LAGHMAN PROVINCE, Afghanistan – It is said that soldiers
do not go to war because they hate the people who fight in
front of them, but because of the love they have for the
ones they left behind.
January 5, 2013 - Sgt. Tad Randell, a Midland, Texas, native,
serves as a combat medic with 2nd Battalion, 12th Cavalry Regiment,
4th Brigade Combat Team, 1st Cavalry Division, at Forward Operating
Base Mehtar Lam, Afghanistan. Randell serves to continue family
tradition, to ensure the safety of friends and family and because he
is a firm believer in the patriotism and selflessness of serving as
a soldier. Photo by Army 1st Lt. Alan Llanas
“If I can do my job right,
when my kids walk across that stage to receive their high
school diploma and a recruiter asks if they want to serve.
They can say, ‘Thanks, but my dad has done enough serving
for all of us,'” said Sgt. Tad Randell, a combat medic with
2nd Battalion, 12th Cavalry Regiment, 4th Brigade Combat
Team, 1st Cavalry Division at Forward Operating Base Mehtar
If you ask Randell, a Midland,
Texas, native, about his vocation or the country he serves,
you will not get a word of discouragement, but rather a
sense of pride. It is no surprise considering he has a
special military history running in his bloodline.
“My initial inspiration to join the military came from my
grandfather who served in the Air Force as part of the
Berlin Airlift Operation, said Randell. “He inspired me to
believe that every able body should enlist once in the
military. If everyone enlisted, then people in this country
would be more appreciative and proud of a country that, I
believe, God allowed them to be born in."
was old enough, Randell attempted to enlist in the military,
but was turned away.
As luck would have it, he would
get another opportunity years later while working as a
manager at a restaurant located next to a military
Day after day, the recruiters
bombarded Randell with the idea of serving in the Army. It
was not until Randell pondered his future and decided what
he wanted to do.
“I was at that age where I thought
to myself ‘Is this what I really want to do for the rest of
After much meditation, Randell decided to
take the road his grandfather traveled.
into becoming a medic because a family friend, a corpsman in
the Navy, told me about the amazing things he's done in his
career,” he said. “I also had a wife and son to think about,
so I chose something in the medical profession because I
thought it would be easier to find a job in the civilian
Though friends were doubtful he would be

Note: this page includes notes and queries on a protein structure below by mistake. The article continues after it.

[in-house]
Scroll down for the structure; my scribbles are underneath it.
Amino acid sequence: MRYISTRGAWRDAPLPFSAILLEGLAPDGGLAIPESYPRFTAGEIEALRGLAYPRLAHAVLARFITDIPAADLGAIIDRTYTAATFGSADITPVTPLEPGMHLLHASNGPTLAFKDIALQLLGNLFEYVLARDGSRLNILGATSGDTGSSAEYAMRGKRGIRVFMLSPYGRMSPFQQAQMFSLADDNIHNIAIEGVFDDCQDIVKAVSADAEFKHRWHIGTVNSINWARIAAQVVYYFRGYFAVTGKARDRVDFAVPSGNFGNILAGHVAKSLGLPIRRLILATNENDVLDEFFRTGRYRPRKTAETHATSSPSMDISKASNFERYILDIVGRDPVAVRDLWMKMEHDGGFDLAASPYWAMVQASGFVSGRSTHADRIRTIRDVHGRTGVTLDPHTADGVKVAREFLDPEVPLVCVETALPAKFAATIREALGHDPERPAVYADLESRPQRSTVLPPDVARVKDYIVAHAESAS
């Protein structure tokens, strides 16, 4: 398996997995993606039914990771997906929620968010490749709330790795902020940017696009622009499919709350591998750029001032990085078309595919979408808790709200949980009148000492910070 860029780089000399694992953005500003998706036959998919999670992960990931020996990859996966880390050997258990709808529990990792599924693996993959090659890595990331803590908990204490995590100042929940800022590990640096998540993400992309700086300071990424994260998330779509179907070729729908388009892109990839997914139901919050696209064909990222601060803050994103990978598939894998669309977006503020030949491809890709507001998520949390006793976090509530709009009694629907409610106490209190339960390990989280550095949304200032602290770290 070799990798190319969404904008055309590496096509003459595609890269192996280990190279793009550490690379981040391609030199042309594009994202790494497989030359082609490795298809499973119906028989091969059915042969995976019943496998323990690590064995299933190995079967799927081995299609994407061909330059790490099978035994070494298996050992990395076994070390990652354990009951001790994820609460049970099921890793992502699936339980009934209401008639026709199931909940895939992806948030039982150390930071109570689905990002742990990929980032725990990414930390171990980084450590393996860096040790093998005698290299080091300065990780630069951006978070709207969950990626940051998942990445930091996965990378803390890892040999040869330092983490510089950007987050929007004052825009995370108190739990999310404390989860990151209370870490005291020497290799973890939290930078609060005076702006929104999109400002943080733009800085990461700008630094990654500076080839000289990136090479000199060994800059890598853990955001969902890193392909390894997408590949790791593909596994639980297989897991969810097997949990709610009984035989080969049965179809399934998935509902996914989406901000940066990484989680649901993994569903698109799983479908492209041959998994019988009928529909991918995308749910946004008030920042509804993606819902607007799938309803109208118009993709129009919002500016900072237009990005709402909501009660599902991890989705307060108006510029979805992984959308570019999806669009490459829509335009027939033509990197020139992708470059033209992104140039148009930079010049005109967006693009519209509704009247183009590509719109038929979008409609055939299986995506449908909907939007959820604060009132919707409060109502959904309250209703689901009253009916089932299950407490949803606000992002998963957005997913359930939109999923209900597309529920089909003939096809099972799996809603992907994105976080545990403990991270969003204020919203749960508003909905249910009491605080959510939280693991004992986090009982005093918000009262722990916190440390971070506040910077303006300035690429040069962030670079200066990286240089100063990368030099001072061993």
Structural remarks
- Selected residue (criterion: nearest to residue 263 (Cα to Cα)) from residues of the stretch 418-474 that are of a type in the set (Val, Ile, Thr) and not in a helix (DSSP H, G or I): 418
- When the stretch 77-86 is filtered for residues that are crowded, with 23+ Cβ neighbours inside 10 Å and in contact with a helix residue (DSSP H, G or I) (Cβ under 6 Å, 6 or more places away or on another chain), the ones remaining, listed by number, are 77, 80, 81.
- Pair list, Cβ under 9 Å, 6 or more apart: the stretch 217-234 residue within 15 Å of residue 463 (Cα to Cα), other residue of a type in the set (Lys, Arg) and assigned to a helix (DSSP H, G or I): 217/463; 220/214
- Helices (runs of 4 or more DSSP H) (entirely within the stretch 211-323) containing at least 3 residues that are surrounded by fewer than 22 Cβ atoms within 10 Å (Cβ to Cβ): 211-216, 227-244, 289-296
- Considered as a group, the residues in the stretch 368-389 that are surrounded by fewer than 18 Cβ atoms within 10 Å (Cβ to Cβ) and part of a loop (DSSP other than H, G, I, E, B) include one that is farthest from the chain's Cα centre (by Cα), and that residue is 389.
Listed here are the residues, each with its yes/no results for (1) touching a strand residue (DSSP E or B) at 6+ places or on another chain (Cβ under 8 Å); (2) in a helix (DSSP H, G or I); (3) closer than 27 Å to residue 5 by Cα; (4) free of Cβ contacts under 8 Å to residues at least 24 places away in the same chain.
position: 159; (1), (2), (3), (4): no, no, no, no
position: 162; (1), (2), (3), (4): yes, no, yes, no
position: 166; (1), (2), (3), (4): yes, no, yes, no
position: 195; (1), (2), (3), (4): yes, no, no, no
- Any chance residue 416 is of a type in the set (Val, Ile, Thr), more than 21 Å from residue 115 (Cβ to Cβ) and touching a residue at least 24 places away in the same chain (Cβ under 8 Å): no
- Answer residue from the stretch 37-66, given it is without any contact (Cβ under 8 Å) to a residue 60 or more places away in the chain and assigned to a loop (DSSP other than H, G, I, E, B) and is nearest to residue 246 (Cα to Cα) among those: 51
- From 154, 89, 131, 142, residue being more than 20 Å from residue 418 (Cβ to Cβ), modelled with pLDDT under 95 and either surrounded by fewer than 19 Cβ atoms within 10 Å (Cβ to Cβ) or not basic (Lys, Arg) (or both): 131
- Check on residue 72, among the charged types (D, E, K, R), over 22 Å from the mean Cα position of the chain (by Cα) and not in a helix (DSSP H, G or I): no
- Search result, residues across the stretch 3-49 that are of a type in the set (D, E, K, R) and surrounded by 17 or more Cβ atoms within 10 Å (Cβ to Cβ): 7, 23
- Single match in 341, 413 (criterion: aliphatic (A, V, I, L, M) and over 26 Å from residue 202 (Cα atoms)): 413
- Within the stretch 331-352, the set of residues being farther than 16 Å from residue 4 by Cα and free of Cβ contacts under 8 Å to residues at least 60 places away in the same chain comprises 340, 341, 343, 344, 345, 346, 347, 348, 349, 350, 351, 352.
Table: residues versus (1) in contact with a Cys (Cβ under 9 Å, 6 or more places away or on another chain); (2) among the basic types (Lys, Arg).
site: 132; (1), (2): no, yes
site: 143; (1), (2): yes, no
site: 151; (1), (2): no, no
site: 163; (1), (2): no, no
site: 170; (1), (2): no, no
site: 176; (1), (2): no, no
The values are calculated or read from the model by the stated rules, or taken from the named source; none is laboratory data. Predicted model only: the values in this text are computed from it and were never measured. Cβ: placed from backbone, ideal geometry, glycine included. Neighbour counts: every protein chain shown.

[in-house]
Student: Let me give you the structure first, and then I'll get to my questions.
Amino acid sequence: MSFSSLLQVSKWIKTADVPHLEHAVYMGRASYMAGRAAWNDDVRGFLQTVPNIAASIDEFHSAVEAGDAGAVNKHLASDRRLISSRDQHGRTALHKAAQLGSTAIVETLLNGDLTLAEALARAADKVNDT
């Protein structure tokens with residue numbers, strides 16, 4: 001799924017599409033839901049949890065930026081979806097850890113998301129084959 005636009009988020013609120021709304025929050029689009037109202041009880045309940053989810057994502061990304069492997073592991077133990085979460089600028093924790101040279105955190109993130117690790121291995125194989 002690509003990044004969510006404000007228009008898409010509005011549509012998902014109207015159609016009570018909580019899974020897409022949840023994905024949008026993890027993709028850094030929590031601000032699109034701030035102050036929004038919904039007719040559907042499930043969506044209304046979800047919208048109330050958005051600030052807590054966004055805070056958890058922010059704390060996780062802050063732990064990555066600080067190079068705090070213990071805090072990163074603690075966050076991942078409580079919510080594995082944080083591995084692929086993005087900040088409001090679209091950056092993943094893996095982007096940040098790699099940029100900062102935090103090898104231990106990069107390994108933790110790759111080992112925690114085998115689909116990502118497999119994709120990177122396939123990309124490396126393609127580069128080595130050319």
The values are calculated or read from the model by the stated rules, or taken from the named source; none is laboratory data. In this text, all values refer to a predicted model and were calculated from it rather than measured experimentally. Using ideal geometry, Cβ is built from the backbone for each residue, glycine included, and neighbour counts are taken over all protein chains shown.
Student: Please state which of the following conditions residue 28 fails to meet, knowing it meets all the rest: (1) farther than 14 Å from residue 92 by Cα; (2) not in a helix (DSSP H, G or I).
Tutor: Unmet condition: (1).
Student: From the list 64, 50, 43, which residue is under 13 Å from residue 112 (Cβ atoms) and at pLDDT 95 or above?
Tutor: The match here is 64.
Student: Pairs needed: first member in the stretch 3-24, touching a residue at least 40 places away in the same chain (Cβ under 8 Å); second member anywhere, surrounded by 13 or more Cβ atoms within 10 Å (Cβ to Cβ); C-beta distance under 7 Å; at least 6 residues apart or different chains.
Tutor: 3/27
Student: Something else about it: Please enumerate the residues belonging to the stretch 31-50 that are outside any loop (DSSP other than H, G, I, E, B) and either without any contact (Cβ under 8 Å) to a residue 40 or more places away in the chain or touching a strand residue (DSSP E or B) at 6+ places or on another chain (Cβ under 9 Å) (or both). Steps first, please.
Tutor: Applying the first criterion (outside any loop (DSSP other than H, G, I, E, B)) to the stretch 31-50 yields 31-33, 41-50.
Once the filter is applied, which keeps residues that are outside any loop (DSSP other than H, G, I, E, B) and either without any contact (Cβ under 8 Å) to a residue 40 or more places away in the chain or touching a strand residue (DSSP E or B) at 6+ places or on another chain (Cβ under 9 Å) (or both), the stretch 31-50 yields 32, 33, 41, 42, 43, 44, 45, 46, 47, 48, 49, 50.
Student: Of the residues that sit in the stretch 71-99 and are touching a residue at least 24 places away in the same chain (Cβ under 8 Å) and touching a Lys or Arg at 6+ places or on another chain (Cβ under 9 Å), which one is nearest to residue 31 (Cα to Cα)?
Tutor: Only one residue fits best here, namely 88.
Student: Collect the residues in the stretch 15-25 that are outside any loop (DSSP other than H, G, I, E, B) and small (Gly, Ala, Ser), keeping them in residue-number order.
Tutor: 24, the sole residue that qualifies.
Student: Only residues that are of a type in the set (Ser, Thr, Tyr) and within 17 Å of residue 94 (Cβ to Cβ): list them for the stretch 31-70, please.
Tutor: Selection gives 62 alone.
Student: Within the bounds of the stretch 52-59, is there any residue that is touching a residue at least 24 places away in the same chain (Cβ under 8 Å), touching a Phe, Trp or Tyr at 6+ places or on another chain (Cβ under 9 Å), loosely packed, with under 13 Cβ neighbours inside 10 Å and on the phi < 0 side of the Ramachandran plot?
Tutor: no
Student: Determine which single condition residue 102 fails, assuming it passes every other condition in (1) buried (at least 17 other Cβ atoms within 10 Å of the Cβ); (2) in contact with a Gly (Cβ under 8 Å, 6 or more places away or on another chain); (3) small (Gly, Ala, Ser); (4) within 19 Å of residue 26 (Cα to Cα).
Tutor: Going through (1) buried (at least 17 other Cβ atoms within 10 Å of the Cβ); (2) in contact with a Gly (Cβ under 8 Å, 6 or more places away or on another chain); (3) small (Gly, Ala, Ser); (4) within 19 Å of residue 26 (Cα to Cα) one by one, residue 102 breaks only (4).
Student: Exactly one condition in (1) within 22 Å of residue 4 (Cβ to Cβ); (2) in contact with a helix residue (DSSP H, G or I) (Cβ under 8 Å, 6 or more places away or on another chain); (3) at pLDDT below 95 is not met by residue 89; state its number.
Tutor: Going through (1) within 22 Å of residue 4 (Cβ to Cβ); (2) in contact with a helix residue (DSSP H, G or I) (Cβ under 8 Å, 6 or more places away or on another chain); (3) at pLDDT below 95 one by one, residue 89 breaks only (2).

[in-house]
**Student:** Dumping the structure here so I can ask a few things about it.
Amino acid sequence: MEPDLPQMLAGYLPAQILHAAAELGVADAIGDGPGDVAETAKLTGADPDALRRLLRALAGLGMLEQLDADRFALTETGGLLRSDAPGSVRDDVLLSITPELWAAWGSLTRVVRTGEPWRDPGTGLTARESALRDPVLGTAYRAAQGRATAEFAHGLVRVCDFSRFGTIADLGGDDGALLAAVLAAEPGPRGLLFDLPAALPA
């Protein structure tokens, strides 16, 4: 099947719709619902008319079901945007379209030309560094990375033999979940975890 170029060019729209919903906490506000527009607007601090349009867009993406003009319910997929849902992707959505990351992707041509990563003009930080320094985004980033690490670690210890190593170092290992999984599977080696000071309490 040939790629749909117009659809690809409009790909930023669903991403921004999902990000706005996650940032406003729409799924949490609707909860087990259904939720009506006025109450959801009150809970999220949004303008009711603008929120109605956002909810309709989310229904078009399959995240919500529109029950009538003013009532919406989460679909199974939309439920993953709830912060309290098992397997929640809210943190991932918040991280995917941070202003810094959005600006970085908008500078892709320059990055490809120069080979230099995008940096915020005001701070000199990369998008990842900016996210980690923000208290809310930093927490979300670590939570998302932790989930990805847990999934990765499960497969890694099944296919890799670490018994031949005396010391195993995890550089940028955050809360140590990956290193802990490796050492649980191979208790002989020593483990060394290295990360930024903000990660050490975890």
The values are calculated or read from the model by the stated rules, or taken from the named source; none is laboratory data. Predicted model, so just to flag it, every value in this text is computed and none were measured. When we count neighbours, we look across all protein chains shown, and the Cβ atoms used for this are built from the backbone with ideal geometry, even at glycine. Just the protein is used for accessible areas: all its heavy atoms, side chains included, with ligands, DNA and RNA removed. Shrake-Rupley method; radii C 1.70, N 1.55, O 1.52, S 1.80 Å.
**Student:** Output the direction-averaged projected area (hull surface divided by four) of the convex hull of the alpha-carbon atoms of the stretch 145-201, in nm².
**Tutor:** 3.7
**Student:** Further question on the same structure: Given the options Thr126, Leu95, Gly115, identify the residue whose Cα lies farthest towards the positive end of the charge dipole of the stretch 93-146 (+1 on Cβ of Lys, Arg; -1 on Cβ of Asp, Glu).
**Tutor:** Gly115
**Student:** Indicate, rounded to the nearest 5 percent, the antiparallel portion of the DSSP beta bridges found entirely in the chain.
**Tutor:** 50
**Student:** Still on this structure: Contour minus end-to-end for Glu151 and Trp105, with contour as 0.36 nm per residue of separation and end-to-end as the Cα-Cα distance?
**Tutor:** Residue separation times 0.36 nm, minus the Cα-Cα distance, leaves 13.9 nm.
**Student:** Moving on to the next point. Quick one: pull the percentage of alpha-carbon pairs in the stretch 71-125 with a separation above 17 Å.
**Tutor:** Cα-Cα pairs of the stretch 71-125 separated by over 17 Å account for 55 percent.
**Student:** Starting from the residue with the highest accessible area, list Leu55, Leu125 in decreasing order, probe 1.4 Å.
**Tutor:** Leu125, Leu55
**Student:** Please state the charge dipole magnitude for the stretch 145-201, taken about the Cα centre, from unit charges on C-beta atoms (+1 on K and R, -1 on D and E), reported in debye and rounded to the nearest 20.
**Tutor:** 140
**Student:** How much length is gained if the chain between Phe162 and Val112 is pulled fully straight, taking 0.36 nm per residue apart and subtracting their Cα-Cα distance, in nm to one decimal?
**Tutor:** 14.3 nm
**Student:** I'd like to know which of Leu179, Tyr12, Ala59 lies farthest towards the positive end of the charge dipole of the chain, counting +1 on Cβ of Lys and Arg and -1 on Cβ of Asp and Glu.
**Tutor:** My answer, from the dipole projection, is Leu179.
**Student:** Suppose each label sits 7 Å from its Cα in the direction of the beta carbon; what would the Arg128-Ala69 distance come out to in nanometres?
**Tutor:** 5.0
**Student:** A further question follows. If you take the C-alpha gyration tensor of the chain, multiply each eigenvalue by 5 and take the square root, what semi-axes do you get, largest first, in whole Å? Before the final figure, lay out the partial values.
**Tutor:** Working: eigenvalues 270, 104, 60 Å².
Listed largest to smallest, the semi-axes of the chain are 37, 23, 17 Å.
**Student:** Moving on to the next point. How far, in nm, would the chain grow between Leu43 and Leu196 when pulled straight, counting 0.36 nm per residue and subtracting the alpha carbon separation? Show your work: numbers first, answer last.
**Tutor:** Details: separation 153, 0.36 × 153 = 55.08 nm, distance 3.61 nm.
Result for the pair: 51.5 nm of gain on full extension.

able to survive the demanding challenges that lay before
him, Randell was determined to complete his goal.
first, Randell only wanted to fulfill his initial term and
return to civilian life. Then a turn of events changed him
when he deployed to support Operation Iraqi Freedom.
“I learned a lot from that experience,” said Randell.
“After doing what I had done, and seen what I've seen, you
start to put things into perspective. Words such as honor,
virtue, and pride, I've learned, still have tangible
meaning. You see it heavily represented in shows and movies
about soldiers who served in World War II. That same pride
is still alive today.”
Randell said a source of his
pride came from his multiple deployments.
slow, but there was progress being made for these people. I
witnessed the Iraqis slowly take command, control and pride
in their country, and I've also seen the same gradual
results everyday here in Afghanistan.” he said.
for the flag he proudly wears on his sleeve, Randell spoke
about how lucky he was to be serving a country that grants
everybody the opportunity to aspire to whatever goal they
Throughout his travels, Randell was
frequently reminded how blessed he was to have the luxuries
and freedoms his country provides.
“I have traveled
all over the world, but there is nowhere on this planet I
would rather be than in the United States. Where else can
you find a place where a man can start off with nothing and
end up with everything?” said Randell. “That's the American
Ultimately, Randell wishes his service to
his country will be enough to make certain his wife and
children are safe. He believes in the notion that soldiers
who have been fighting since 1775 have helped to preserve
the welfare of this nation and its people.
the commitment to lay my life down on the line for my
country and I'll be doing that until the day I die,” he
said. “I believe this country was founded on the principles
of God. I could've been born anywhere else, but I was
blessed to be born in the United States and be known in
history as an American soldier.”
By Army 1st Lt. Alan Llanas
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